ADELAIDE has been cleared of breaching any work health and safety laws during their disastrous pre-season camp in 2018.
The Gold Coast mind training camp, held months after Adelaide's' shattering 2017 grand final loss to Richmond, was intended to build mental resilience and take the Crows forward.
Instead, it created ructions within their squad, with reports some players had been distressed and offended by what took place during the camp.
Players were tied to trees, surrounded by fake automatic weapons and sledged with intensely personal details, according to a report from The Age in July, 2020.
But the Crows confirmed on Tuesday a SafeWork SA investigation found they hadn't breached any work health and safety laws.
"The South Australian Government's independent workplace safety regulator has cleared the Adelaide Football Club of any wrongdoing in relation to its pre-season training camp in 2018," the Crows said in a statement.
"SafeWork SA's comprehensive investigation, which took more than a year to complete, found neither the club nor any other person or organisation breached any work health and safety laws during or in relation to the camp.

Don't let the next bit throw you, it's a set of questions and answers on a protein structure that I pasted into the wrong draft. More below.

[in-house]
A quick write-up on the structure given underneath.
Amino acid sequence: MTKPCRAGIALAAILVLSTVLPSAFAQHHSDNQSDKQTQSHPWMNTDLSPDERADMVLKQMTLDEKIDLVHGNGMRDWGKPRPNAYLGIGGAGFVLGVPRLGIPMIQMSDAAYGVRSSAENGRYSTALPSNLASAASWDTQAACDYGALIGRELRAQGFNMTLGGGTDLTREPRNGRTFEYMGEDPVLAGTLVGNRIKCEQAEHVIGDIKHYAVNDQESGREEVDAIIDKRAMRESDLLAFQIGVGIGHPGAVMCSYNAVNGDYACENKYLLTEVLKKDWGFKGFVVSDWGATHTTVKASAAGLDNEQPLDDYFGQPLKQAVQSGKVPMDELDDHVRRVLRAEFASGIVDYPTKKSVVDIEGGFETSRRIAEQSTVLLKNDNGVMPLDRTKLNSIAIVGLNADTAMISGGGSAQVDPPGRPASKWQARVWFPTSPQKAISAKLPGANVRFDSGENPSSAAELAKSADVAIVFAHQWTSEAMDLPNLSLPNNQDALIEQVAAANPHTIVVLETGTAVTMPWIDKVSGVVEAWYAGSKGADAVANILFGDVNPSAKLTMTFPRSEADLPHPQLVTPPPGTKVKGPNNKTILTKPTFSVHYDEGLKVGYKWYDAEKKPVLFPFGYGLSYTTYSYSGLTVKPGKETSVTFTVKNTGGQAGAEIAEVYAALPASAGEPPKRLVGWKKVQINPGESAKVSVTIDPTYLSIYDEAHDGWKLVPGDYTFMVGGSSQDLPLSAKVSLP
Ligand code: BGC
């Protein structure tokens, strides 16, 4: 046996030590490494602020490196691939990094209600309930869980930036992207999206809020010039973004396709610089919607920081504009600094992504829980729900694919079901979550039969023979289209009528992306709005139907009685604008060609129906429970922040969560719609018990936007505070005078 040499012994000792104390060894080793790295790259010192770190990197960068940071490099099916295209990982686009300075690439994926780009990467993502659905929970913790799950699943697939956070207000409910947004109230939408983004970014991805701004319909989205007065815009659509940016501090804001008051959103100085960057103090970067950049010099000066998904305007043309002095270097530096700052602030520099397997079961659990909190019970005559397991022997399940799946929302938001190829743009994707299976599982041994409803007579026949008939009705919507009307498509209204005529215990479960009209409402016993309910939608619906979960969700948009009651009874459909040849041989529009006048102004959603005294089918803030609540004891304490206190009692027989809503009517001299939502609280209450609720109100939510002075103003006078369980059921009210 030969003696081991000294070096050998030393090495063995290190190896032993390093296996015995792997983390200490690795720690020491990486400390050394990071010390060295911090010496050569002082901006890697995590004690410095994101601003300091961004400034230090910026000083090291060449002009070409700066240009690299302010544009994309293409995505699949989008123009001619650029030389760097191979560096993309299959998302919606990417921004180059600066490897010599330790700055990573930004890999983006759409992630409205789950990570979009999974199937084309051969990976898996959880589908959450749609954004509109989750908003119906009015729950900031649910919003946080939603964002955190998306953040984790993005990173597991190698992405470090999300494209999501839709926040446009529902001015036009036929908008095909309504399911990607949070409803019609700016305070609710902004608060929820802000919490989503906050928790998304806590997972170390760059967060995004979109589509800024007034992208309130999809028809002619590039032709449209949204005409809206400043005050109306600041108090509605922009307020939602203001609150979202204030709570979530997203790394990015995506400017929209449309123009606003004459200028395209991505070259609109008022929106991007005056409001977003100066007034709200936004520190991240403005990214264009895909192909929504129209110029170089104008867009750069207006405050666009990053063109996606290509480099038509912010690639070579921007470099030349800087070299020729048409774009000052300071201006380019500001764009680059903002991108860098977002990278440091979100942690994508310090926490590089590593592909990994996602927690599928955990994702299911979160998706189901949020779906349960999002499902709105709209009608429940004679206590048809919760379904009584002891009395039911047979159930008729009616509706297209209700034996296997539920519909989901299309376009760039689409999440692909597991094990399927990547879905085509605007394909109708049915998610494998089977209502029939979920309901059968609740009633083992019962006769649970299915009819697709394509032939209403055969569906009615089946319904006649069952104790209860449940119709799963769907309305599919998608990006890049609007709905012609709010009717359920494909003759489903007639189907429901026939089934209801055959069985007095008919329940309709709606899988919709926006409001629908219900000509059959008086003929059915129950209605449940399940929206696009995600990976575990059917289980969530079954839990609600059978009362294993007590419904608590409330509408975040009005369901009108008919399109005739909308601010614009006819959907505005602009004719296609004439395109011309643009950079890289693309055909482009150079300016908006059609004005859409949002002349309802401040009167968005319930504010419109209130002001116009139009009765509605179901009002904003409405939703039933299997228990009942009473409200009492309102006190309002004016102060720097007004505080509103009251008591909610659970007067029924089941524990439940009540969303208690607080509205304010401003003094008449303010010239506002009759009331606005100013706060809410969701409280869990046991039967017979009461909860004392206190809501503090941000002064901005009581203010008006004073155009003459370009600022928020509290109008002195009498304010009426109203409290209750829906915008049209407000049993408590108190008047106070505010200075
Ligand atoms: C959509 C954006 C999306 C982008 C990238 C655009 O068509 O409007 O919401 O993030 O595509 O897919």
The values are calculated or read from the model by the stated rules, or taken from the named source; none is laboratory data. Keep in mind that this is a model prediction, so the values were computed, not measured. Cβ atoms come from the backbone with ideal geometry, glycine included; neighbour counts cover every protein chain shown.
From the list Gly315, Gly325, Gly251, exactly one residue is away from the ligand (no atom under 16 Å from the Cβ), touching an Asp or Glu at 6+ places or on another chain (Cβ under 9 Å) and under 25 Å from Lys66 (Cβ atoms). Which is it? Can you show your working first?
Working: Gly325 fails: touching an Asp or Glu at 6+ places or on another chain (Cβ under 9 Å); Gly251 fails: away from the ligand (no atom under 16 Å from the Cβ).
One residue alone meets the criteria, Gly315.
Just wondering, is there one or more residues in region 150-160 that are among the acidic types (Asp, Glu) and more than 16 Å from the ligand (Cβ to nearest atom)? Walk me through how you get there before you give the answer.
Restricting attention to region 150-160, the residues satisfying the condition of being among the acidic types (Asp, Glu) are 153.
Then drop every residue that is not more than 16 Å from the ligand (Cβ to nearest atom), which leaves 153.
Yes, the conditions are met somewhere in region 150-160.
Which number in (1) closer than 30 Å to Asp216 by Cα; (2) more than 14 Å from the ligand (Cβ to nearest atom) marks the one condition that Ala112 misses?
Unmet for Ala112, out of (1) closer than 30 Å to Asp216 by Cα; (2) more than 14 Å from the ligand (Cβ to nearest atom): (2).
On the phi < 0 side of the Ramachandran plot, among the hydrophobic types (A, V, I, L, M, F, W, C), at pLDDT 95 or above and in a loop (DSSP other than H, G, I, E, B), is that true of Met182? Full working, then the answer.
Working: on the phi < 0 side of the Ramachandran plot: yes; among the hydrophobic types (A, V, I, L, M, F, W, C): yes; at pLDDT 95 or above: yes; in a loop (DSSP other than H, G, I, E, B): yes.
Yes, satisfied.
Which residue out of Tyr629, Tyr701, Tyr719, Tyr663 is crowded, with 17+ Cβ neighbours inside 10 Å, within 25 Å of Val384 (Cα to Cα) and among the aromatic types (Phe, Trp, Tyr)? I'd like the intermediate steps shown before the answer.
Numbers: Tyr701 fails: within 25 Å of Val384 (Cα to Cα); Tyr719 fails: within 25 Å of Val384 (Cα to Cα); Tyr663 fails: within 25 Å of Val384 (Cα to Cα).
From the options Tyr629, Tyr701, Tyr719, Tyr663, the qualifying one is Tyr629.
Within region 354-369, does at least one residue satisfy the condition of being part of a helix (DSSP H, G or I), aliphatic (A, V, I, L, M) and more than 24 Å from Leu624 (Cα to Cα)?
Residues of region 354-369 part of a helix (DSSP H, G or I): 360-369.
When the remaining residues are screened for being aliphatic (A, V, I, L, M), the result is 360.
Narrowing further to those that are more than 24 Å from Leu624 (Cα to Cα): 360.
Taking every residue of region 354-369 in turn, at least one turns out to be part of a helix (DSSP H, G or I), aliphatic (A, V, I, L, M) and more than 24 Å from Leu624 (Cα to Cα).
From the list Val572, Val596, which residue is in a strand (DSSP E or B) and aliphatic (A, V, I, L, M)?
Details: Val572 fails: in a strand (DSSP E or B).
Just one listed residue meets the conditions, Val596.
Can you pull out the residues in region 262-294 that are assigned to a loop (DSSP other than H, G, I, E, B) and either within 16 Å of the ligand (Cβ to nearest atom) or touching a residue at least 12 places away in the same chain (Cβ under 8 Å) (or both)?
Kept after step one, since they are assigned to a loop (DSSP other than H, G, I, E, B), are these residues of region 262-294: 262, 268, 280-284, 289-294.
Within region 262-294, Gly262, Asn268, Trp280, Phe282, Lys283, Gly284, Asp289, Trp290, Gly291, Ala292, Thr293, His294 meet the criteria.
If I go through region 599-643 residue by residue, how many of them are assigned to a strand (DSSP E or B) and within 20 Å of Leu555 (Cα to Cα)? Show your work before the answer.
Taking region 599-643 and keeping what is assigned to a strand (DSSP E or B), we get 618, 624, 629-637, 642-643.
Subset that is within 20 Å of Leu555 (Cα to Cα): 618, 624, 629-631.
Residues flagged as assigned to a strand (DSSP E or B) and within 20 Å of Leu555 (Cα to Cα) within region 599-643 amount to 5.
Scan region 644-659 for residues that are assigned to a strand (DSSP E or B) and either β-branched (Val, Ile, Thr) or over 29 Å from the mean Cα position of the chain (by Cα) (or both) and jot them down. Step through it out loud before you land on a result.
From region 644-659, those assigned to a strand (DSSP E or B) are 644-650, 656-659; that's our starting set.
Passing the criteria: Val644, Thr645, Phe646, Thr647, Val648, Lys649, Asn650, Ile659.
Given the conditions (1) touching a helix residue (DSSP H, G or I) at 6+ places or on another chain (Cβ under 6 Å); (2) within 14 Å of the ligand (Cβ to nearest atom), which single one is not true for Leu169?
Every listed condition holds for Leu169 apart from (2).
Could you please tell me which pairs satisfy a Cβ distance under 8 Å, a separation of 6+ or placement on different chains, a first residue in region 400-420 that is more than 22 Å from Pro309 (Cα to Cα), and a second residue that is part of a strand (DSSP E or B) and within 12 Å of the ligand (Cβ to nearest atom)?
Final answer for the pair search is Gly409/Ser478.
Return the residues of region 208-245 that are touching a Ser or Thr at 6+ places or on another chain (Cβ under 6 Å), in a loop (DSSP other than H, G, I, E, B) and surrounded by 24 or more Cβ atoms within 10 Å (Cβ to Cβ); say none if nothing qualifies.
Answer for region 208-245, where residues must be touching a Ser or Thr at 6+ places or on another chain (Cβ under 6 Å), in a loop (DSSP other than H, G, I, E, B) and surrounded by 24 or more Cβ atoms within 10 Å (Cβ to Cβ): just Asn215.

"The club fully co-operated with the confidential investigation, voluntarily providing all information and documentation sought by SafeWork SA. The matter is now closed."
In the wake of the camp, the Crows fell away on the field, missing that year's finals and finishing 12th.
They haven't made the finals since - claiming the wooden spoon in 2020 and finishing 15th this season.
The fallout from the camp also led to an external review in 2019.
Then-coach Don Pyke fell on his sword at season's end and captain Taylor Walker stepped down, while football manager Brett Burton and assistant coach Scott Camporeale were both sacked.
An AFL investigation in October 2018 previously cleared Adelaide of any rule breach surrounding the camp, but said the Crows should have shown greater care.